Numerous other unanticipated costs, such as additional flooding of Chongqing because the slope of the reservoir wasn’t recognized in feasibility studies, also continue to add up.

While the Three Gorges state corporation manages to foist the real costs of Three Gorges onto migrants, onto the riverside populations, onto wildlife and onto municipal authorities along the river, it has also needed to commandeer unwilling investors and consumers to pay for the boondoggle.

All financiers of the Three Gorges dam have been either state agencies or private investors backed by state guarantees. Foreign financiers, with access to taxpayer-backed funds, have aggressively financed their countries’ contractors and equipment suppliers to Three Gorges (with the exception of the United States, I might add).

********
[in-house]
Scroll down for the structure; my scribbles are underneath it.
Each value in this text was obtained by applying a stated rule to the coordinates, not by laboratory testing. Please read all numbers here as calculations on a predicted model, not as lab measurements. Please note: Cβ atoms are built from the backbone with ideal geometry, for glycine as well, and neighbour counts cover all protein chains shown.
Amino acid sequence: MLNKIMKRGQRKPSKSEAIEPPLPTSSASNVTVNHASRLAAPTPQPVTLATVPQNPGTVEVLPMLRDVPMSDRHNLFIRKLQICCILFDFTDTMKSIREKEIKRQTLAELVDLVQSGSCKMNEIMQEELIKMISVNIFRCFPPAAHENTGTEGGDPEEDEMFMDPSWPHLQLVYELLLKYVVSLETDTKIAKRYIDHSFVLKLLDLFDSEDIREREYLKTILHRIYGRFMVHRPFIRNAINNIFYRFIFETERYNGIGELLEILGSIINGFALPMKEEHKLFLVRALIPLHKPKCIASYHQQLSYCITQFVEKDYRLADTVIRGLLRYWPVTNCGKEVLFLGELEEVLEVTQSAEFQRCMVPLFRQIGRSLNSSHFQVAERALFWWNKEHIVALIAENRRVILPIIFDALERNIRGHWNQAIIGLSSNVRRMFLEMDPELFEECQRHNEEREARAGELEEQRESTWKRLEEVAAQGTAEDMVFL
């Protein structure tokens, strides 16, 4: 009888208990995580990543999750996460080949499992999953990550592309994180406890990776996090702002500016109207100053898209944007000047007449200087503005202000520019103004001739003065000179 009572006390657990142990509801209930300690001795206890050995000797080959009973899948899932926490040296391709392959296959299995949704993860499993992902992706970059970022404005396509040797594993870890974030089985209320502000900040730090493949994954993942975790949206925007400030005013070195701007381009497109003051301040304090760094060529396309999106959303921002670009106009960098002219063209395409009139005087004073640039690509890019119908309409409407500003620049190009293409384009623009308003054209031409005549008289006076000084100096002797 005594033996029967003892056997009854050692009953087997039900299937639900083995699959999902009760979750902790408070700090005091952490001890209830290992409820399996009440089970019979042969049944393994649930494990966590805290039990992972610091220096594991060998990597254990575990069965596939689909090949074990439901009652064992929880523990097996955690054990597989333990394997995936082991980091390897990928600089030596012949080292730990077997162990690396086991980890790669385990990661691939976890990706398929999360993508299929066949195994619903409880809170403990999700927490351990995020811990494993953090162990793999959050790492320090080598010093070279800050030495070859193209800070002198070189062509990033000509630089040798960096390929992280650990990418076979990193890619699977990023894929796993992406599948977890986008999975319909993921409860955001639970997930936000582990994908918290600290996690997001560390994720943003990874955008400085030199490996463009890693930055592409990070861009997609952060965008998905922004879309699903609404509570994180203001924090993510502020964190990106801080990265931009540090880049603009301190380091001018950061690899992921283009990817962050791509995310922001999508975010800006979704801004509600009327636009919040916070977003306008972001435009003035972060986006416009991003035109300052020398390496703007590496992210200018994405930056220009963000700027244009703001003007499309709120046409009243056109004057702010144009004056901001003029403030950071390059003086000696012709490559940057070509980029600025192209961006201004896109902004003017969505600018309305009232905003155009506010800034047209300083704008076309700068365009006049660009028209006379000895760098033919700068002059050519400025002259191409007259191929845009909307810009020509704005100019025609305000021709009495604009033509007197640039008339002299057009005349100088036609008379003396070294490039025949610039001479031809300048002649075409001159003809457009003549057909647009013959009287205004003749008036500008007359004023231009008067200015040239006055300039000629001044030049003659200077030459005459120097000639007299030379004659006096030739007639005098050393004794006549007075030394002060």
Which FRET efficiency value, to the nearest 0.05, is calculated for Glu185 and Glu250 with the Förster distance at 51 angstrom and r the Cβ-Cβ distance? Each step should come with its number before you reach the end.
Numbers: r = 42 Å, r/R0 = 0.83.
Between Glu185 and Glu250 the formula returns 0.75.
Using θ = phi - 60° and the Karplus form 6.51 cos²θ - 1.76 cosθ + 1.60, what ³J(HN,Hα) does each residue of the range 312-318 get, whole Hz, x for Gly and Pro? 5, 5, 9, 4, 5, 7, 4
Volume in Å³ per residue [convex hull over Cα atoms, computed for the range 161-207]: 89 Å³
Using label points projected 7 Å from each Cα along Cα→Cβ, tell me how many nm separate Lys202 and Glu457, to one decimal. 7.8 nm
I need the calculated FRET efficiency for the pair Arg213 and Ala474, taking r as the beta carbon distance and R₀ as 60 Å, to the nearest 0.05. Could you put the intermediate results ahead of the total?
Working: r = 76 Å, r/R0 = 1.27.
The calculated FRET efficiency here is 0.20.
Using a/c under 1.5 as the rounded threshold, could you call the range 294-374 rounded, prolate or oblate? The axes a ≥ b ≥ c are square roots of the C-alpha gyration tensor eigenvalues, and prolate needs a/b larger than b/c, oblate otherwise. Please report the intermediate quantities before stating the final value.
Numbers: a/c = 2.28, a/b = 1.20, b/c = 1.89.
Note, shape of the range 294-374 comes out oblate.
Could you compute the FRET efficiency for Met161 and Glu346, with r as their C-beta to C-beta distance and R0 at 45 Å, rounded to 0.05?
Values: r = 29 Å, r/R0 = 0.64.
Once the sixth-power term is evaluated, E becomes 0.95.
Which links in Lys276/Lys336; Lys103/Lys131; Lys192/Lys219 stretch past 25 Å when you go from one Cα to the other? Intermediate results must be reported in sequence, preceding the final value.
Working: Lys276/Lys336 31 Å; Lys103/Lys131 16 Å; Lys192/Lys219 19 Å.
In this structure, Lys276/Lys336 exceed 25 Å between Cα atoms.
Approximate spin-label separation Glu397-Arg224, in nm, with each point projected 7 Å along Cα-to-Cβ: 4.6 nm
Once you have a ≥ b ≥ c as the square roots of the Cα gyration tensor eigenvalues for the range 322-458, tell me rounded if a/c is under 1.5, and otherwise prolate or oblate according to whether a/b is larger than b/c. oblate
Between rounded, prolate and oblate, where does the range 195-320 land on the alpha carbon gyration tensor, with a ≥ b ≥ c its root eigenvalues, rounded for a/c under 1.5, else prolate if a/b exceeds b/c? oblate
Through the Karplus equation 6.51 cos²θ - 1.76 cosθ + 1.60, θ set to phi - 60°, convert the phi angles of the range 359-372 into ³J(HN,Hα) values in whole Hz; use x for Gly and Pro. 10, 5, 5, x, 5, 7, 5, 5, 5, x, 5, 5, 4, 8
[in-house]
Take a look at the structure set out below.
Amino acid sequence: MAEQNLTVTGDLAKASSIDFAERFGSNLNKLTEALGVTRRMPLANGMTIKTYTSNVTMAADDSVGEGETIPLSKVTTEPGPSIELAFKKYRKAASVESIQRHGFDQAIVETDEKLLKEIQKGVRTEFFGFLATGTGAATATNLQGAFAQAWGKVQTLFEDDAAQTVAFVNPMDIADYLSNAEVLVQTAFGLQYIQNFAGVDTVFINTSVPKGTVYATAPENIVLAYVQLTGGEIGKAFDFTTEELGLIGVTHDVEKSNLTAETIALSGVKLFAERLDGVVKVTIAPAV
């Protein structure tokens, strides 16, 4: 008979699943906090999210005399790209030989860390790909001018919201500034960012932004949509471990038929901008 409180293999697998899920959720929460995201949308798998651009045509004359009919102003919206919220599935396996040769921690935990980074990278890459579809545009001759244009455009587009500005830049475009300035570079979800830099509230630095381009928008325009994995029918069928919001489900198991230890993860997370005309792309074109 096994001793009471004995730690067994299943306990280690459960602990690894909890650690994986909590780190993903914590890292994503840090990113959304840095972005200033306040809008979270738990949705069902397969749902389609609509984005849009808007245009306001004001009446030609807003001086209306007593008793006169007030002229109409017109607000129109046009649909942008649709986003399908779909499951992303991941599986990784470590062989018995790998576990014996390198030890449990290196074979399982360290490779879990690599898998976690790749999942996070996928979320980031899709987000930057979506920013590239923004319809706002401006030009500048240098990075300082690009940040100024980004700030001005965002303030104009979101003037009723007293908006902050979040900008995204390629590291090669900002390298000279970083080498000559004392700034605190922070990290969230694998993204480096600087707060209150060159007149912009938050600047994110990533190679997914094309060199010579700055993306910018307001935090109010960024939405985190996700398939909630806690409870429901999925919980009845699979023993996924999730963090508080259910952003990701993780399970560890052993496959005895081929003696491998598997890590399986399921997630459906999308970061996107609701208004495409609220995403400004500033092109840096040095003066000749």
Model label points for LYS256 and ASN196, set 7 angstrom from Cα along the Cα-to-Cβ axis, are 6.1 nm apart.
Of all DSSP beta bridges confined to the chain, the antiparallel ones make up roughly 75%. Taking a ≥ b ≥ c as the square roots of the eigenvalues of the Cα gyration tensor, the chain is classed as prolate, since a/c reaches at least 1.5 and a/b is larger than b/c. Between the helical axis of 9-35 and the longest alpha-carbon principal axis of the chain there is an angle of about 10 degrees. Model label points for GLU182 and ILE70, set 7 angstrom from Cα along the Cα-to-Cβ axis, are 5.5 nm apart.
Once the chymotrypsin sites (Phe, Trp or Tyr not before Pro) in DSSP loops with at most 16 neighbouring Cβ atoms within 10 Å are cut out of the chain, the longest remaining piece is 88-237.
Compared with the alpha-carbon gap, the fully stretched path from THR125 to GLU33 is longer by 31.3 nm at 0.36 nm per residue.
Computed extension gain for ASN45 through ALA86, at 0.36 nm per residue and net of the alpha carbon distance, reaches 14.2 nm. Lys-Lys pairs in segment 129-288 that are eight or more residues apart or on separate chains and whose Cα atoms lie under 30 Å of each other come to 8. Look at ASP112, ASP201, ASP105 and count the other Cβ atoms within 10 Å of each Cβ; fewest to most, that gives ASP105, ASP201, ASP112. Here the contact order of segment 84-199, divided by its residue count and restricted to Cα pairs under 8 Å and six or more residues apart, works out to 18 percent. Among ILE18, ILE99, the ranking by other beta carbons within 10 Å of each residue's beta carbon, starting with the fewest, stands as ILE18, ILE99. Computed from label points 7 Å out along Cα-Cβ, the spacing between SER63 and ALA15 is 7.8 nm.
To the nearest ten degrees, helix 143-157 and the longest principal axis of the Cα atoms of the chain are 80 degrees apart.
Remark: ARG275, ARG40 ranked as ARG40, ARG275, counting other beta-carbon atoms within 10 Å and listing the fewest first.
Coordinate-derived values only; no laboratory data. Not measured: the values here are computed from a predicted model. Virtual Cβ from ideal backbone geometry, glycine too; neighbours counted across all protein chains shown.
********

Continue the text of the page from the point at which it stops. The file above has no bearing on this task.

Chinese finance has come from an array of State Development Bank bonds and country-wide electricity surcharges from which no electricity customer is exempt. No matter what, the deep pockets of involuntary taxpayers and ratepayers have provided the financing needed to build the dam.

Well, you may think, maybe it is worth incurring these costs and risks because the benefits of Three Gorges are so huge. It is going to provide badly needed power and reduce greenhouse gas emissions, help protect millions against the relentless flooding of the Yangtze, and facilitate navigation of ocean-going ships all the way to Chongqing, isn’t it?

Unfortunately, the answer is “no,” not reliably or cost-effectively.

Even at current gas prices (and using the official estimates of Three Gorges’ cost), the cost of Three Gorges power is still higher than the cost of power from readily available high-efficiency gas turbines and cogeneration facilities, which produce no sulphur dioxide, and cut nitrous-oxide and carbon-dioxide emissions by 90 per cent and 60 per cent respectively.